On the final day I was at the selections process, I aced the public speaking test and blew every other candidate out of the water with my English speaking skills and my fluency with Malay (we had to present two different speeches – one in English and the other in Malay). It was after this that we were to meet with the Major, the Executive Officer to the Commandant. He would do the initial interviewing for the Commandant.
After enduring 7 days of hell-on-Earth, the Sergeant and the Major, along with the Corporal that I had grown close to pulled me and 2 others aside after the public speaking test. The three of us were told to pack our belongings because we were getting cut from the selections. I was shocked beyond words. I asked for the reason I was cut. The Major told me that academically, my high school grades were just not good enough. I think they were looking for a minimum of 2.0 and I don’t think my high school grades measured up to that (I was a very bad student in high school and struggled with every subject except English). I was fuming mad because the high school grades were the first thing they saw in my application – they could’ve rejected my application from the get-go. I didn’t have to go through 7 days of torture because they could’ve seen my high school grades and determined that I didn’t meet the minimum. The Major apologized and told me that due to my impressive score, he had pleaded my case with the Commandant but the Commandant was firm in his decision to cut the 3 of us. It sounded like horse shit to me – it sounded like sexism and racism all rolled into one. The Major also confirmed that they only wanted 2 Chinese women, not 3. He just had his hands tied and couldn’t do anything for me.
When he left, the Sergeant and Corporal apologized too – they felt really bad for me. The Sergeant was convinced that I would have been accepted. He told me that he was already ready to take orders from me 4 years from that point because he thought that I would, surely, graduate from the Academy and earn my commission as Captain. The Corporal expressed similar sentiments. Then they both told me that if I wanted to try again, that they would write me recommendation letters. The Corporal even told me that if I was still bent on joining the military, that I could take the path he did and go through the NCO program where I’d graduate as a Corporal and serve as an NCO. He also gave me the details of how to apply for that program as well as giving me his personal number so I could request a recommendation.
I was thankful for those suggestions but the moment I was rejected by the Major and Commandant, my entire world fell apart. All the ideals, fantasies and thoughts that I had of the military were crushed that day. Due to the racism and sexism that I had experienced, I lost all my respect for the Malaysian military. I was so angry that I was shaking. I cried many tears for the weeks to come as I thought about my experience at the selections process. I thought about how I had been unfairly treated and that I would’ve made an excellent officer in the military. A week later, one of the women in the little group that I had led called me and told me that there were some candidates that were accepted who had poorer high school grades than I did. The woman who had informed me of that had herself been offered a position and that was how she found out that there were other candidates that were offered a position who had poorer grades than I did. I received many calls from the friends I’d made during selections the first week after my rejection. I received many sympathetic comments.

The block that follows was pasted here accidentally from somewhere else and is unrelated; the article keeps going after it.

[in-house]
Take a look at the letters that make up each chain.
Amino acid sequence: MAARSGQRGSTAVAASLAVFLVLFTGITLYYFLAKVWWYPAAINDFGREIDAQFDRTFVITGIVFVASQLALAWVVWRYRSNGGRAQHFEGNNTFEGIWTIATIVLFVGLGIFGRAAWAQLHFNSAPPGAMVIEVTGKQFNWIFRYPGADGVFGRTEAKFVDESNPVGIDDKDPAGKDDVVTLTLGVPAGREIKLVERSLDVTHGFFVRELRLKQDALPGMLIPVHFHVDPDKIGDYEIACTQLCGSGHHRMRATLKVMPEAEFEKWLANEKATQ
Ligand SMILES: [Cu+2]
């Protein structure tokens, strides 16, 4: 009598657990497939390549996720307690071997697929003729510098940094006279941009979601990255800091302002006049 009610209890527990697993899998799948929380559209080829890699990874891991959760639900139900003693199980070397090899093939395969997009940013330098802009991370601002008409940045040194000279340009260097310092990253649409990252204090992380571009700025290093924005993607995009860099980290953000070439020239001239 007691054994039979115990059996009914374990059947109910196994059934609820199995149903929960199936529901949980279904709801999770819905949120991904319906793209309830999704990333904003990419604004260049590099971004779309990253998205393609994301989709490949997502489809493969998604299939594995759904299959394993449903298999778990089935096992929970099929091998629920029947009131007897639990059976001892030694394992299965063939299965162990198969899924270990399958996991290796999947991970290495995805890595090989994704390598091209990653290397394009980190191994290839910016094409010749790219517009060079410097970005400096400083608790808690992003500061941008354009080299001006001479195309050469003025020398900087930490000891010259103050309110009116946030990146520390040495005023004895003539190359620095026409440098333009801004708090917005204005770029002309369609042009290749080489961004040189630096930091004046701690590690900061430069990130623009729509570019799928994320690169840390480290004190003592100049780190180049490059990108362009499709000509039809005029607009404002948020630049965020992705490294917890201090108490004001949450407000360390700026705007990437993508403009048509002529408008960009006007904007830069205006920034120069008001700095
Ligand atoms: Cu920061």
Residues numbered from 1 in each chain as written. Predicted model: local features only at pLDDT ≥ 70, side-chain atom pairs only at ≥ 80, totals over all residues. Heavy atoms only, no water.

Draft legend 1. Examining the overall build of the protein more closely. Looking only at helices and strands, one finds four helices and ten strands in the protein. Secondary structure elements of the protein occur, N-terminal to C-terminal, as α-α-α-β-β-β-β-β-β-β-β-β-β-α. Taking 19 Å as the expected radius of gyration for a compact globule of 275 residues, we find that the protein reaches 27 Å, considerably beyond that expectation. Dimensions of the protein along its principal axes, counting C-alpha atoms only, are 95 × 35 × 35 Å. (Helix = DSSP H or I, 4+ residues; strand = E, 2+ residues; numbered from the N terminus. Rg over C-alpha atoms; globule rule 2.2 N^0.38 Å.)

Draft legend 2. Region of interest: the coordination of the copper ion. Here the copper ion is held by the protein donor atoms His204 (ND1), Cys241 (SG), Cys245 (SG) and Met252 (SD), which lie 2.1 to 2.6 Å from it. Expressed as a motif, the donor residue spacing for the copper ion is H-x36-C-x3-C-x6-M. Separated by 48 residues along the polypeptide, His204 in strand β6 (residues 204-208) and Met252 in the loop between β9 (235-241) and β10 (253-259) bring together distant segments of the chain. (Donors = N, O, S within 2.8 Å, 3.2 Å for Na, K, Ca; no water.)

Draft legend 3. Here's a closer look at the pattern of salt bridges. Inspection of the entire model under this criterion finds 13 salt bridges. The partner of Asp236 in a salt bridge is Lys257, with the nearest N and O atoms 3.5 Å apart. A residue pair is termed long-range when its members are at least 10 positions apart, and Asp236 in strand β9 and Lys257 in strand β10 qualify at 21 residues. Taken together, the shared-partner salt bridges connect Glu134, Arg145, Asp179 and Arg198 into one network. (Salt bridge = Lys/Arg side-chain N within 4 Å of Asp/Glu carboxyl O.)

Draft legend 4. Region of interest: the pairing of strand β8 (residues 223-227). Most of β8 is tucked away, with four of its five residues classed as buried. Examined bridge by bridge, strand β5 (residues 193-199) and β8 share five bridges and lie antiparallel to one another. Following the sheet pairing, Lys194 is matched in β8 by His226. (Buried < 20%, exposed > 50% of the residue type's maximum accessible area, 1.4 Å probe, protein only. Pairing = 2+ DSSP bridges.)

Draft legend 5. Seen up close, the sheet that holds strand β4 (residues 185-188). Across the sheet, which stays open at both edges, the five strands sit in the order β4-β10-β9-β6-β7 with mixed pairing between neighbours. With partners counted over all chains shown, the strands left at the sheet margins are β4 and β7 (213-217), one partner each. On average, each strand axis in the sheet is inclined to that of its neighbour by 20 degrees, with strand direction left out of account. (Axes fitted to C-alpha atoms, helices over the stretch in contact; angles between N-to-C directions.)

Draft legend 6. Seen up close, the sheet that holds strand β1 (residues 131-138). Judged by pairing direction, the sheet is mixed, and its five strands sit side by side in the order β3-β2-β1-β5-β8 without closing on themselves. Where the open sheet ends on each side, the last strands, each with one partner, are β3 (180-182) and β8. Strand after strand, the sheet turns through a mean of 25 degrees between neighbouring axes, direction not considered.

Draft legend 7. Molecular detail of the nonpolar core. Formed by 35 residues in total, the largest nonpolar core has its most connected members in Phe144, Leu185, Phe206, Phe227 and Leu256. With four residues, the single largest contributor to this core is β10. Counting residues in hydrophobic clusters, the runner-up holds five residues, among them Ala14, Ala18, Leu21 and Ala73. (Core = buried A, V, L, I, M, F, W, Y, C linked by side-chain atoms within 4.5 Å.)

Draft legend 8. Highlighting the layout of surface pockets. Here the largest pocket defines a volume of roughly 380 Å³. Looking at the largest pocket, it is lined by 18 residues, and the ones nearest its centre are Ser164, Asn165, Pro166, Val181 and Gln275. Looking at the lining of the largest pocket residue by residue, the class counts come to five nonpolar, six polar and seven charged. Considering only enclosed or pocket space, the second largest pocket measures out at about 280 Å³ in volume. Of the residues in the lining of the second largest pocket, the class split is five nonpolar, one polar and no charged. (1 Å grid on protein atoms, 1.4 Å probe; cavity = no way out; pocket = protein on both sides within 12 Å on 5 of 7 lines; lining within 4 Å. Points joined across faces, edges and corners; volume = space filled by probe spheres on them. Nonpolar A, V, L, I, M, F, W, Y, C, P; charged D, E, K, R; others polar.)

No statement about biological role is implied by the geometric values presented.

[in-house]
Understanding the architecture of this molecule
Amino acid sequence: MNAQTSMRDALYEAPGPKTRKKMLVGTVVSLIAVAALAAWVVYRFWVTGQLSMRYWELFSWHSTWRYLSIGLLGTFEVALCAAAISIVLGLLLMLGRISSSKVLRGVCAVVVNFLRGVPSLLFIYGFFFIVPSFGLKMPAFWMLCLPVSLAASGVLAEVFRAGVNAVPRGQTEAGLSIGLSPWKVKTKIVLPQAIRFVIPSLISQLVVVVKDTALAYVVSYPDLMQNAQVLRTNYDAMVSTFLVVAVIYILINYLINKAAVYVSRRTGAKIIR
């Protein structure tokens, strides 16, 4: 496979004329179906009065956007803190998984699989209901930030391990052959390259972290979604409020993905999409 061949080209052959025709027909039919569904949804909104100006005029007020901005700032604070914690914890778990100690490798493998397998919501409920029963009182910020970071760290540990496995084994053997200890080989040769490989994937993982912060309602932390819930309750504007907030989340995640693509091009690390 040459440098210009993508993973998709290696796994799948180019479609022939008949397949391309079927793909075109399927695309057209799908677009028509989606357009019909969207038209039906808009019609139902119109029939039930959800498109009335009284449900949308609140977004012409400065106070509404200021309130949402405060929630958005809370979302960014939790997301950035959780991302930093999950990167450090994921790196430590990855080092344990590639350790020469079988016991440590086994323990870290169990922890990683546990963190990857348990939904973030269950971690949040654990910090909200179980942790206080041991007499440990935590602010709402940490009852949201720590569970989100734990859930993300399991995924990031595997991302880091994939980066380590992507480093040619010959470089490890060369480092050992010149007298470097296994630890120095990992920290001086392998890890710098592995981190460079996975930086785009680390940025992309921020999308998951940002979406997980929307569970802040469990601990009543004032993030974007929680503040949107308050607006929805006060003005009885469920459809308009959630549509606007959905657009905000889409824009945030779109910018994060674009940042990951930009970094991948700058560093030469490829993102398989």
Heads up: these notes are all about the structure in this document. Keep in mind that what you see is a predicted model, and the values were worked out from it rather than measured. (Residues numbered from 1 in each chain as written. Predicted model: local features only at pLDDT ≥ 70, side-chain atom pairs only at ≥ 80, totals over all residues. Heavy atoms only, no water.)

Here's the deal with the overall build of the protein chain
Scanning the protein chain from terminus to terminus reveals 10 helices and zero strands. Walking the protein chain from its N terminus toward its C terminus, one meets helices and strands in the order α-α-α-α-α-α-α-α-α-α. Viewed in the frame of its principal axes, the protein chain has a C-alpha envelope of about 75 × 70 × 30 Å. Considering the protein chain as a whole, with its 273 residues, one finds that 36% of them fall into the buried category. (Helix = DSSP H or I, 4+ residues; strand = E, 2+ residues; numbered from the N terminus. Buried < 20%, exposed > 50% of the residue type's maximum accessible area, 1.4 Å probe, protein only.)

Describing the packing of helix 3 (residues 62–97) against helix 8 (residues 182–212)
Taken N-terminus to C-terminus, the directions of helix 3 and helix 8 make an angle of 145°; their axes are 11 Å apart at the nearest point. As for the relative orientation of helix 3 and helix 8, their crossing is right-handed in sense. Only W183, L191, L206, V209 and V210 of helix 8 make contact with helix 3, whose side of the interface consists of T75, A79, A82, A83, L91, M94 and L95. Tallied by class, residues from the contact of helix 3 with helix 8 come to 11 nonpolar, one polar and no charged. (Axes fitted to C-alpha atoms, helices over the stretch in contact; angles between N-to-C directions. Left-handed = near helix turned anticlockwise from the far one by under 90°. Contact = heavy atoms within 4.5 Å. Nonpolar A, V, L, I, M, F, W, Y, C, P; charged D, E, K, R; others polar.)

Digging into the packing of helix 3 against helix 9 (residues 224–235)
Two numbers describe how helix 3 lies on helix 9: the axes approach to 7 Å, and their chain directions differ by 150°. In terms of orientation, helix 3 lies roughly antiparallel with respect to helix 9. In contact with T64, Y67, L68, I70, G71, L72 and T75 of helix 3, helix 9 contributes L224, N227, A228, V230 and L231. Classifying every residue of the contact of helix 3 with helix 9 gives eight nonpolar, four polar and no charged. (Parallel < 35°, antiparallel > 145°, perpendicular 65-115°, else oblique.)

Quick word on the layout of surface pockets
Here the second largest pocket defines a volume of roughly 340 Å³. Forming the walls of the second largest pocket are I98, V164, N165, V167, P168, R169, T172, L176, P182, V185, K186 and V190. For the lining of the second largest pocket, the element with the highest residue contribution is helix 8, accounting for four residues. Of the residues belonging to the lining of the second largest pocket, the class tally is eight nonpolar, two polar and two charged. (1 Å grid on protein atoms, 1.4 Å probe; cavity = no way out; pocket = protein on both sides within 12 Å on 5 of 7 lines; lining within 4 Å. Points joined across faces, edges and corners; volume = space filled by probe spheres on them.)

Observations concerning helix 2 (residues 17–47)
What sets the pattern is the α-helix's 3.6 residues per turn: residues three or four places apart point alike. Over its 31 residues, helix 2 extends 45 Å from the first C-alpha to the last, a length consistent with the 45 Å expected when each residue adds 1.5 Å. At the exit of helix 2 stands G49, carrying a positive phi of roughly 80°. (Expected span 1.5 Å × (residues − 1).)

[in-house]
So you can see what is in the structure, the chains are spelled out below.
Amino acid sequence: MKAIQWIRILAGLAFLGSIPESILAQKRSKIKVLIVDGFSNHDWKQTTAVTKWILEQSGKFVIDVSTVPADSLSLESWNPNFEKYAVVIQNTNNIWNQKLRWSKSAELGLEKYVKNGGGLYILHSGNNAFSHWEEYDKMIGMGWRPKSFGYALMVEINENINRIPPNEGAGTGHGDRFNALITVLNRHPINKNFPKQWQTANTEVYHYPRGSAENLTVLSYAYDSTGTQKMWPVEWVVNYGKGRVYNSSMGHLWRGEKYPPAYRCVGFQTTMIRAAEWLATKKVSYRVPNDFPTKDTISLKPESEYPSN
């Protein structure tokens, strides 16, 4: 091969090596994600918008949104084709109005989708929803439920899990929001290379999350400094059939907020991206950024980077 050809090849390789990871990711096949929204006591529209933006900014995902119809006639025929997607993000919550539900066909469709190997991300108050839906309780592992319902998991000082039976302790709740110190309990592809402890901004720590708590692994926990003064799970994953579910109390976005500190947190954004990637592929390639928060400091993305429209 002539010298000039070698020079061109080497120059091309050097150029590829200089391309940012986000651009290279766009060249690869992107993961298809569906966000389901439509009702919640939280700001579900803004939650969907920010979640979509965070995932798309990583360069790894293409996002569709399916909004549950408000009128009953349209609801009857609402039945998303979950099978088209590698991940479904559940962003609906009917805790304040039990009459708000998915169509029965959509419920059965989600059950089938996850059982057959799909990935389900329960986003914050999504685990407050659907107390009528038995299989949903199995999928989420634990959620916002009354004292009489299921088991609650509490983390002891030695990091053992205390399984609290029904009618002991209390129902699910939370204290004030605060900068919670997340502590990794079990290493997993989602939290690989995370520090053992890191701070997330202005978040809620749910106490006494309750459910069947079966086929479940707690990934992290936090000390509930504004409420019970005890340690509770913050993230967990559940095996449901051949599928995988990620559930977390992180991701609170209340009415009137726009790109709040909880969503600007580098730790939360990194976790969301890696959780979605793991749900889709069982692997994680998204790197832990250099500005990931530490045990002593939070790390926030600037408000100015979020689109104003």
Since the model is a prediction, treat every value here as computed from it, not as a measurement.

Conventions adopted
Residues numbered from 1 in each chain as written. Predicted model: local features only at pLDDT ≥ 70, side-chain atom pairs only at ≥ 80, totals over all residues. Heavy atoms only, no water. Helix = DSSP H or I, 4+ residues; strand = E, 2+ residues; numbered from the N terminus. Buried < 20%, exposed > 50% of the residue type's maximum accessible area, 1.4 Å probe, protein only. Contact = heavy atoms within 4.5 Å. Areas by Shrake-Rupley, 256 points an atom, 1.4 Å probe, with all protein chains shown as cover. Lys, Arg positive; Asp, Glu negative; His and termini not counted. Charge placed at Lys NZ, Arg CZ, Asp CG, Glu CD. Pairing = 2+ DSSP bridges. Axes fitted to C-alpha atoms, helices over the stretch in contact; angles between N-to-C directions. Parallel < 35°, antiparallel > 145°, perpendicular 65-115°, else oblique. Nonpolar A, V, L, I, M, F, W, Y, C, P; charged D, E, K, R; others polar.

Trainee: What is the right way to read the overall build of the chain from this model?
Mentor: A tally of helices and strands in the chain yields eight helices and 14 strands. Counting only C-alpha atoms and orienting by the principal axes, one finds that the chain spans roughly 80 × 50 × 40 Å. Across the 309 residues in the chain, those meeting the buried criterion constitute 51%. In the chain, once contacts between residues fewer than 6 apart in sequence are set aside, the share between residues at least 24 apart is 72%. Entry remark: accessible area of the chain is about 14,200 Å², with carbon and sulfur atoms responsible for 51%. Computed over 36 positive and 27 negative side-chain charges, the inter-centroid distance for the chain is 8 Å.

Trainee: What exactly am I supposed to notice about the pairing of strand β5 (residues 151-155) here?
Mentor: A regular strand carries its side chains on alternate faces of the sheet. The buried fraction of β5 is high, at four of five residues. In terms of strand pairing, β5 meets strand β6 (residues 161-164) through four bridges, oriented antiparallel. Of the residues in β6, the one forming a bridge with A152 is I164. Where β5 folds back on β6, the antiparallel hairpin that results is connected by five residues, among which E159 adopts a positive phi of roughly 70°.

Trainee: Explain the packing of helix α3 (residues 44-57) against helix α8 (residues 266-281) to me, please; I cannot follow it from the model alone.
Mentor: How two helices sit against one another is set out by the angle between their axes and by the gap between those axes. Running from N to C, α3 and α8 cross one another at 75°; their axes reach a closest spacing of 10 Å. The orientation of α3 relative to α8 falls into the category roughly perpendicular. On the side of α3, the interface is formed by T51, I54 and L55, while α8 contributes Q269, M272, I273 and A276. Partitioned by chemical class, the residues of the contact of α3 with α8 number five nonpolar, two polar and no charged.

I was broken. Nothing anyone said could change things for me. I was angry. I was sad. I think that might have been the onset of my depression – The depression I didn’t know I had until 2015. I was disillusioned and was not happy with the path through pre-university studies that I had to take because my first dream of being a military officer was dashed. I knew that I wouldn’t be able to apply again and I didn’t want to be an NCO. I had high goals – it was Officer or nothing. And nothing it was for me because a year later, I graduated from the pre-university studies and was accepted to University of Malaya to pursue my first Bachelor’s of Languages and Linguistics.
As I told S all this – of course, I gave him an abridged version – I was angry. My voice was flat and cold as I recounted all the things that had happened during selections.
“Right… So I never got to do that… And it became something I regretted for a while. I kept thinking about it, for a while in college, I was like, ‘What would I be doing if I was in that Academy?’ I mean ultimately, I got a Bachelor’s in Linguistics, I graduated with Honors, and I was the only one to do that too… And it was an achievement…” I had said to S.
“So that was a dream that you had that just got dashed…” S said. I felt the stirrings of tears in my eyes.
“Right… Right… And it’s always just, I guess, that was one of the things that I’ve always just thought about, what would have happened if I was in the military. I have a friend that I kinda keep in contact with, who managed to get in and managed to get through the program. She is a Captain now in the Navy… And I look at her life and I’m like, ‘well I don’t know if I would’ve wanted that either, now that I’m looking at her life now’… You know?”
“Uhuh…” S said, nodding.